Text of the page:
And here is the new hose installed. You can see the tee in place connecting the supply hose, the left cylinder, and the new hose, which runs across the A-frame, through a clamp, and on to the right side lock cylinder. While the hose was out, I had a piece of vinyl kitchen wrap over the input to the right cylinder and secured with twist-tie to keep the dirt out of the fitting.

You can see in this photo that the hose is actually resting on the A-frame. The hose needs enough slack to allow the A-frame to pivot through its full range of motion without binding or putting a strain on the fittings at the cylinders, so in some positions of the suspension travel there will be contact like this. I think the hose ruptured at such a contact point, not from suspension travel but rather just vibration. After 25 years the cloth-reinforced rubber was brittle, and 150,000 miles of vibration wore it through to the point where 120psi ruptured it. I expect this hydraulic hose to last the remaining life of the bus.

I also spent some time on the ladder inspecting and re-sealing some left side marker lamps at the upper rear of the coach. We've been getting some water in that area when it rains, and the lights stopped working a couple weeks ago. I did find a missing screw and some corrosion up there, so I am hoping the liberal dose of lap sealant I put on after removing the lights and cleaning everything will cure the leak. One or both of the LED lamps also now needs to be replaced, but they are a special order item.

Today's chore, in addition to catching up here on the blog, is to pack for our departure tomorrow. The ship does not leave until 5pm, but we try to be among the first to board. We'll probably just call a cab to take us to the pier. I had thought that we might spend half a day today at the Fort Lauderdale Boat Show, which just happens to be going on this weekend, but after reviewing the exhibitor list, I could not find even a single boat in the show that we are interested in seeing.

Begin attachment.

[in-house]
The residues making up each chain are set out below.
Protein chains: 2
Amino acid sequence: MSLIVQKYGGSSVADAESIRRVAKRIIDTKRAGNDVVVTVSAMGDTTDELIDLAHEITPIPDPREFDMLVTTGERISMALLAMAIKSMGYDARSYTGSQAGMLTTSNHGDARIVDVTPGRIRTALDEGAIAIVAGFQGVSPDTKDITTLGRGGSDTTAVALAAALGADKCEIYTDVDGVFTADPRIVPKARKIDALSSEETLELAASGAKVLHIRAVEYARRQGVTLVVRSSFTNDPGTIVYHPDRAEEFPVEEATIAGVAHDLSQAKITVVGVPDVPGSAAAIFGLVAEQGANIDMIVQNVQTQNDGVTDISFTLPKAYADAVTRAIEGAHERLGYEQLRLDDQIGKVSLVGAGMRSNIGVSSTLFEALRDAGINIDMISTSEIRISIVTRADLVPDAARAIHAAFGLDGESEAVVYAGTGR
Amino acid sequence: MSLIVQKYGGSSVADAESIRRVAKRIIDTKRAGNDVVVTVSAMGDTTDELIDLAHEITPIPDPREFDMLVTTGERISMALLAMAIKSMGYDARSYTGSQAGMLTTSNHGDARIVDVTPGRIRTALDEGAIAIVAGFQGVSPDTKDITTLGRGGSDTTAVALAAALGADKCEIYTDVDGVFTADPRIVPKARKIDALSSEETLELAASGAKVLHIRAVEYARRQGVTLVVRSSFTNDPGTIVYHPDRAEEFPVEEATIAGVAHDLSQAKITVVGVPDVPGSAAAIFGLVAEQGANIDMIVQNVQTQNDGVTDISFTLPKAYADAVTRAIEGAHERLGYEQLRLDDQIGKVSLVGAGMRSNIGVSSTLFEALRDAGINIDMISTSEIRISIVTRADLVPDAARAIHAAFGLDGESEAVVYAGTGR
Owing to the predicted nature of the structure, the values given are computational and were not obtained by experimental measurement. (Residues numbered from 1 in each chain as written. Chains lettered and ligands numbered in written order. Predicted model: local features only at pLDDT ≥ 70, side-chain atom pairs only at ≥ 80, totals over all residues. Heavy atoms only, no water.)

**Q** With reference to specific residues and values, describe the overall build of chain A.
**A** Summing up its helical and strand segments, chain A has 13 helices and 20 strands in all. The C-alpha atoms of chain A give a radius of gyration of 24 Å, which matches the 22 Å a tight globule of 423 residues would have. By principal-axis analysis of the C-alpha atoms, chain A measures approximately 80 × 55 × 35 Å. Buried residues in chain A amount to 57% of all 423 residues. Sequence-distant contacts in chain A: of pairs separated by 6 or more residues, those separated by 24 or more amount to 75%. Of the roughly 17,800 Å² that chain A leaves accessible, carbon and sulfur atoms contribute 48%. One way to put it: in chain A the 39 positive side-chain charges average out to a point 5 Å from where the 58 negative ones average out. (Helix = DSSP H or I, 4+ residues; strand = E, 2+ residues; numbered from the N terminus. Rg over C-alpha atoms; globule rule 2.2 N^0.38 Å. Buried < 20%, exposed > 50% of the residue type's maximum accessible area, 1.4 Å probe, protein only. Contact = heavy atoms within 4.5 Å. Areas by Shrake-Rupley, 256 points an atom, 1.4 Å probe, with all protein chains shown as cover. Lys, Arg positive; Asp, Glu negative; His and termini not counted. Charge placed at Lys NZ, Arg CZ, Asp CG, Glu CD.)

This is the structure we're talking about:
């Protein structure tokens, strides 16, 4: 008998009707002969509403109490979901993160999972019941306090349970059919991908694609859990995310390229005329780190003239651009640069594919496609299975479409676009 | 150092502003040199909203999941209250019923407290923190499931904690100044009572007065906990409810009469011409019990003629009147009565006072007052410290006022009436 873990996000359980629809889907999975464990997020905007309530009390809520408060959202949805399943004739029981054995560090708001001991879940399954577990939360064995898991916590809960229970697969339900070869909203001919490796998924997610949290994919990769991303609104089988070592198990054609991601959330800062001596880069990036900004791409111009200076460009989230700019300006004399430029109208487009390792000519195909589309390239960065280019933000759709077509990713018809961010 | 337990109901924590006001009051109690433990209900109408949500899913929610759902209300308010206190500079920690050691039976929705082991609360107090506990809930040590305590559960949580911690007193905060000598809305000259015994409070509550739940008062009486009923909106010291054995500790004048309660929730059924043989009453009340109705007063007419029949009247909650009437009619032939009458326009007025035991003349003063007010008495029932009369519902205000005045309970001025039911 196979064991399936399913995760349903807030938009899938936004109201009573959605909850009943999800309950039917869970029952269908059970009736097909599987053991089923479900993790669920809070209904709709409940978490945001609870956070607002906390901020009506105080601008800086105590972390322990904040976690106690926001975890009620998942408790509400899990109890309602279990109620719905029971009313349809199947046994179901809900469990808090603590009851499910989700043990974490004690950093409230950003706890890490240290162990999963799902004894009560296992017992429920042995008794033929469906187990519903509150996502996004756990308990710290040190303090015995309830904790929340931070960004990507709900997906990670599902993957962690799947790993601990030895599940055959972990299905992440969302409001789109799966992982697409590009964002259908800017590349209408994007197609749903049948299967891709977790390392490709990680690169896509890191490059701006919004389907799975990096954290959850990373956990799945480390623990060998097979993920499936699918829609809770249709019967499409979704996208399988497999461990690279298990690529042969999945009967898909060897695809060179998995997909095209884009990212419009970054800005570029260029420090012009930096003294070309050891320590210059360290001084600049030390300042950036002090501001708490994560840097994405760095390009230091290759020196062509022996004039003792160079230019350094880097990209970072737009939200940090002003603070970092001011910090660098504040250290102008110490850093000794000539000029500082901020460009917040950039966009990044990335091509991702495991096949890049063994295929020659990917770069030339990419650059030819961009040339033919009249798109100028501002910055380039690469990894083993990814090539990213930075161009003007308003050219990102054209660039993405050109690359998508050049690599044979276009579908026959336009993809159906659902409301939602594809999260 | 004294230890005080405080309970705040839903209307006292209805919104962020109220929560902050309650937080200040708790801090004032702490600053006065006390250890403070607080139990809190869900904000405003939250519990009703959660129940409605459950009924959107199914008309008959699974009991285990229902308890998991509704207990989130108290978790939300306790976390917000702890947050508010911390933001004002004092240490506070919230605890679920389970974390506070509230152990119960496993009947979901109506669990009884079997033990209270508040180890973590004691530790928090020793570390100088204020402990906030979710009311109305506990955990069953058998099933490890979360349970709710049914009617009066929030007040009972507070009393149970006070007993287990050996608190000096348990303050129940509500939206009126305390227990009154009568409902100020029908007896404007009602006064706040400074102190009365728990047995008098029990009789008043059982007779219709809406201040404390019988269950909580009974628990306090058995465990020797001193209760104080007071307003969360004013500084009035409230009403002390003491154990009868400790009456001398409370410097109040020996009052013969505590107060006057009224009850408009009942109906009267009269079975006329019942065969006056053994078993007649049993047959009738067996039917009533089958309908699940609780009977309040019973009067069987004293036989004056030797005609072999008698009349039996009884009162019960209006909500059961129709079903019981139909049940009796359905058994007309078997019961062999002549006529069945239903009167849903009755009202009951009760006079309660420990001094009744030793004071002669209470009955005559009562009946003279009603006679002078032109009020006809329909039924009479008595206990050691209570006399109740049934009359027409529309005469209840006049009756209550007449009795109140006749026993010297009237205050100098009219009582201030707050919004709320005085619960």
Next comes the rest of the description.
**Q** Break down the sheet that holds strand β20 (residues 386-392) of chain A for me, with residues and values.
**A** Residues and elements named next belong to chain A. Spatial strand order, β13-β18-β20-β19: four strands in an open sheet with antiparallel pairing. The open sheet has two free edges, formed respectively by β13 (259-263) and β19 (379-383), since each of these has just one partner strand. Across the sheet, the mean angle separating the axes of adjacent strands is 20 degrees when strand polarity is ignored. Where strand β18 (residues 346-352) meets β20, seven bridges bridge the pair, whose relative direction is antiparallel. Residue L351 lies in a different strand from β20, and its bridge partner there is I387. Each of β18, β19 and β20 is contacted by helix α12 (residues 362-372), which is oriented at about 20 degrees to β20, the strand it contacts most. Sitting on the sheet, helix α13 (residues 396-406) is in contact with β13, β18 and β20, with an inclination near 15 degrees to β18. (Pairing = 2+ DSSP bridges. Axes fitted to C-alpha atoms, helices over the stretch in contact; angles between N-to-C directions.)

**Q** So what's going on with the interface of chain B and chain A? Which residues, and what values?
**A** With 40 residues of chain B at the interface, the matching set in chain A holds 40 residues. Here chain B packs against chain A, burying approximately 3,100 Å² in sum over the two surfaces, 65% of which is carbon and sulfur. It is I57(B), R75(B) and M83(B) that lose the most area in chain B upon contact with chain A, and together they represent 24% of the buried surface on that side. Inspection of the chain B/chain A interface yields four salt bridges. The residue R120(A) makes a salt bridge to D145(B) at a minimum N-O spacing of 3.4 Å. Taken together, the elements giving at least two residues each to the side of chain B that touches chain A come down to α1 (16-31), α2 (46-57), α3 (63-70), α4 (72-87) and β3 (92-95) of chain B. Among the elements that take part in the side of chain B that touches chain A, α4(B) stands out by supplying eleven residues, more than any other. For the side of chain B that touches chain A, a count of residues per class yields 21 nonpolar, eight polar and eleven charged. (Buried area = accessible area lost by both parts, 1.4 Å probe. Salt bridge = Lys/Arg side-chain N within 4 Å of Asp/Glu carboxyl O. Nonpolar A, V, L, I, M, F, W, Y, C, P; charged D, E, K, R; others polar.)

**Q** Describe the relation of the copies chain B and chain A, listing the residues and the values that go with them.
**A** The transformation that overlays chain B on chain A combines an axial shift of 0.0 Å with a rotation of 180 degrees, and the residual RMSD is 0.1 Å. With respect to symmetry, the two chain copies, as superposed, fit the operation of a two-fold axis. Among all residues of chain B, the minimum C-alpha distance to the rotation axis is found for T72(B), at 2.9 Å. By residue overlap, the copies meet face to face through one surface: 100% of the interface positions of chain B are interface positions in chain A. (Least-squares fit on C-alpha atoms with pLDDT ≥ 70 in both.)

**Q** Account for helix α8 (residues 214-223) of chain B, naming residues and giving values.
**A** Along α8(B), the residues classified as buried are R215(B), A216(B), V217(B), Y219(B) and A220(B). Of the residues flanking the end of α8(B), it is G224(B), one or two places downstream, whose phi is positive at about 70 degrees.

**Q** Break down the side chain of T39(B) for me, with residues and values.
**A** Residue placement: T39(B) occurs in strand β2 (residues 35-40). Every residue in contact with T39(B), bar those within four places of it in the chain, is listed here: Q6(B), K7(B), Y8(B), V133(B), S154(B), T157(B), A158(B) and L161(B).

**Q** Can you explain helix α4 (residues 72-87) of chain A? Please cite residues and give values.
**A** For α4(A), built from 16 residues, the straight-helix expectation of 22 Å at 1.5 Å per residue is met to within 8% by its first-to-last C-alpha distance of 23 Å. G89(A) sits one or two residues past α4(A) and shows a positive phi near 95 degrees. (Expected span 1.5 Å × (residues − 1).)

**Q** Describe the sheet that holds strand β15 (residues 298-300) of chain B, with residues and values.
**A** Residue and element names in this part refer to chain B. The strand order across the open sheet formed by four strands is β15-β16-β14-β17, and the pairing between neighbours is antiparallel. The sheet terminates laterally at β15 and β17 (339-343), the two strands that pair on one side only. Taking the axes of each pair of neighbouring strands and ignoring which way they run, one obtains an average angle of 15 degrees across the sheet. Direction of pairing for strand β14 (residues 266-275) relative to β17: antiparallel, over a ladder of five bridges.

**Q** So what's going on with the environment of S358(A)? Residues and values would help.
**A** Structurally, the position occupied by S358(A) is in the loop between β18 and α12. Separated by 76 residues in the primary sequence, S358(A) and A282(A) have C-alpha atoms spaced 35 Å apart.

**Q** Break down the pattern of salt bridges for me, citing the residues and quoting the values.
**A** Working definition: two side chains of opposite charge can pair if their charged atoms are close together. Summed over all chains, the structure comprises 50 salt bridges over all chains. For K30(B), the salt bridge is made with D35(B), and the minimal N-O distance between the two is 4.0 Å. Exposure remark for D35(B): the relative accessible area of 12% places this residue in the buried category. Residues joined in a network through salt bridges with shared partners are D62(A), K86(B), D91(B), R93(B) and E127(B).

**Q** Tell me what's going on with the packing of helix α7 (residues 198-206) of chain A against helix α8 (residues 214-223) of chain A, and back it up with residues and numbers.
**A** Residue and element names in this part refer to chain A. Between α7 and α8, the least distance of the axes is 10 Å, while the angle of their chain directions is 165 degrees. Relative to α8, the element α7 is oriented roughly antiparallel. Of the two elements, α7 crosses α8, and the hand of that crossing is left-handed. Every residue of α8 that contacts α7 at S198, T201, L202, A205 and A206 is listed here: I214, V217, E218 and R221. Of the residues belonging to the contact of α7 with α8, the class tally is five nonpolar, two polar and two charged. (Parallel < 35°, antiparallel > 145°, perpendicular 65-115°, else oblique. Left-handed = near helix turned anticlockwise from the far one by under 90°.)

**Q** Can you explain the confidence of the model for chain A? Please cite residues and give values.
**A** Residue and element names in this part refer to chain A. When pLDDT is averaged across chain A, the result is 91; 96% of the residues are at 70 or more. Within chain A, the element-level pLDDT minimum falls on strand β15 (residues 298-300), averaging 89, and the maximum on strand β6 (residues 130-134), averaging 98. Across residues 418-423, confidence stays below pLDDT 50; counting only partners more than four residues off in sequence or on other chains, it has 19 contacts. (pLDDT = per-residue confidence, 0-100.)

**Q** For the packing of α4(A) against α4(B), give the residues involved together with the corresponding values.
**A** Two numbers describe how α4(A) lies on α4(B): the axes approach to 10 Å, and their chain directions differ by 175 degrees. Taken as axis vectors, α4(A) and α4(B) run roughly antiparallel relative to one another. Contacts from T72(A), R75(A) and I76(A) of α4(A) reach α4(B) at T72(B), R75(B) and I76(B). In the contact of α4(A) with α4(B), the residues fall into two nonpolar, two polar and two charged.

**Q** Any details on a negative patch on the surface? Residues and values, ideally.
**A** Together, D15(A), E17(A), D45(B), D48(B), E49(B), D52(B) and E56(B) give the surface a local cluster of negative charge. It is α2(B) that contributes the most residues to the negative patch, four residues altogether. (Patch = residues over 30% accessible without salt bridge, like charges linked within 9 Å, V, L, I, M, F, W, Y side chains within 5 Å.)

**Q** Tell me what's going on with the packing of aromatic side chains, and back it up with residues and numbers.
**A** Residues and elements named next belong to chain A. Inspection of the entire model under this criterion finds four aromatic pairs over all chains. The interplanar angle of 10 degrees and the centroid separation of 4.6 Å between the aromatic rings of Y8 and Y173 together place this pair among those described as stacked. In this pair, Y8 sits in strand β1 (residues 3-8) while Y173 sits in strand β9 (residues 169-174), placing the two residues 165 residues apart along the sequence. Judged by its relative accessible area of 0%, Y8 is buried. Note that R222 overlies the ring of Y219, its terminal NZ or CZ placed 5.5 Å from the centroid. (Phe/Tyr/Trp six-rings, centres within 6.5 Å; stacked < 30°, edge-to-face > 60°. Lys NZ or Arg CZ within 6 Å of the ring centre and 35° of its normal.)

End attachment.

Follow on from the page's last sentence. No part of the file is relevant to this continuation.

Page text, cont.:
I do not expect to have Internet access beyond tomorrow morning, so this will probably be my last post until we return next weekend.


  1. Welcome back to Florida guys! I hope you have an *awesome* cruise and diving! We're looking forward to getting back underwater ourselves this winter.

    Looks like we have just barely missed each other this time around. Hope our paths cross again soon!

  2. Internet access on board cruise ships is readily available, but at a ridiculous price. The industry seems to think it is OK to gouge their customers for what is now commonly free in cheap motels. For that reason, I no longer cruise. Let them know why many such as myself are not coming!

  3. How dare you be having so much fun as to not make time to keep us up to date! :D I'm glad your flights went well and hope your cruise does, too.

  4. Thanks for the bus project photos. Your write-up makes the job sound more straightforward than I suspect it really was. It looks the the job did a great job creating just the right hose for you.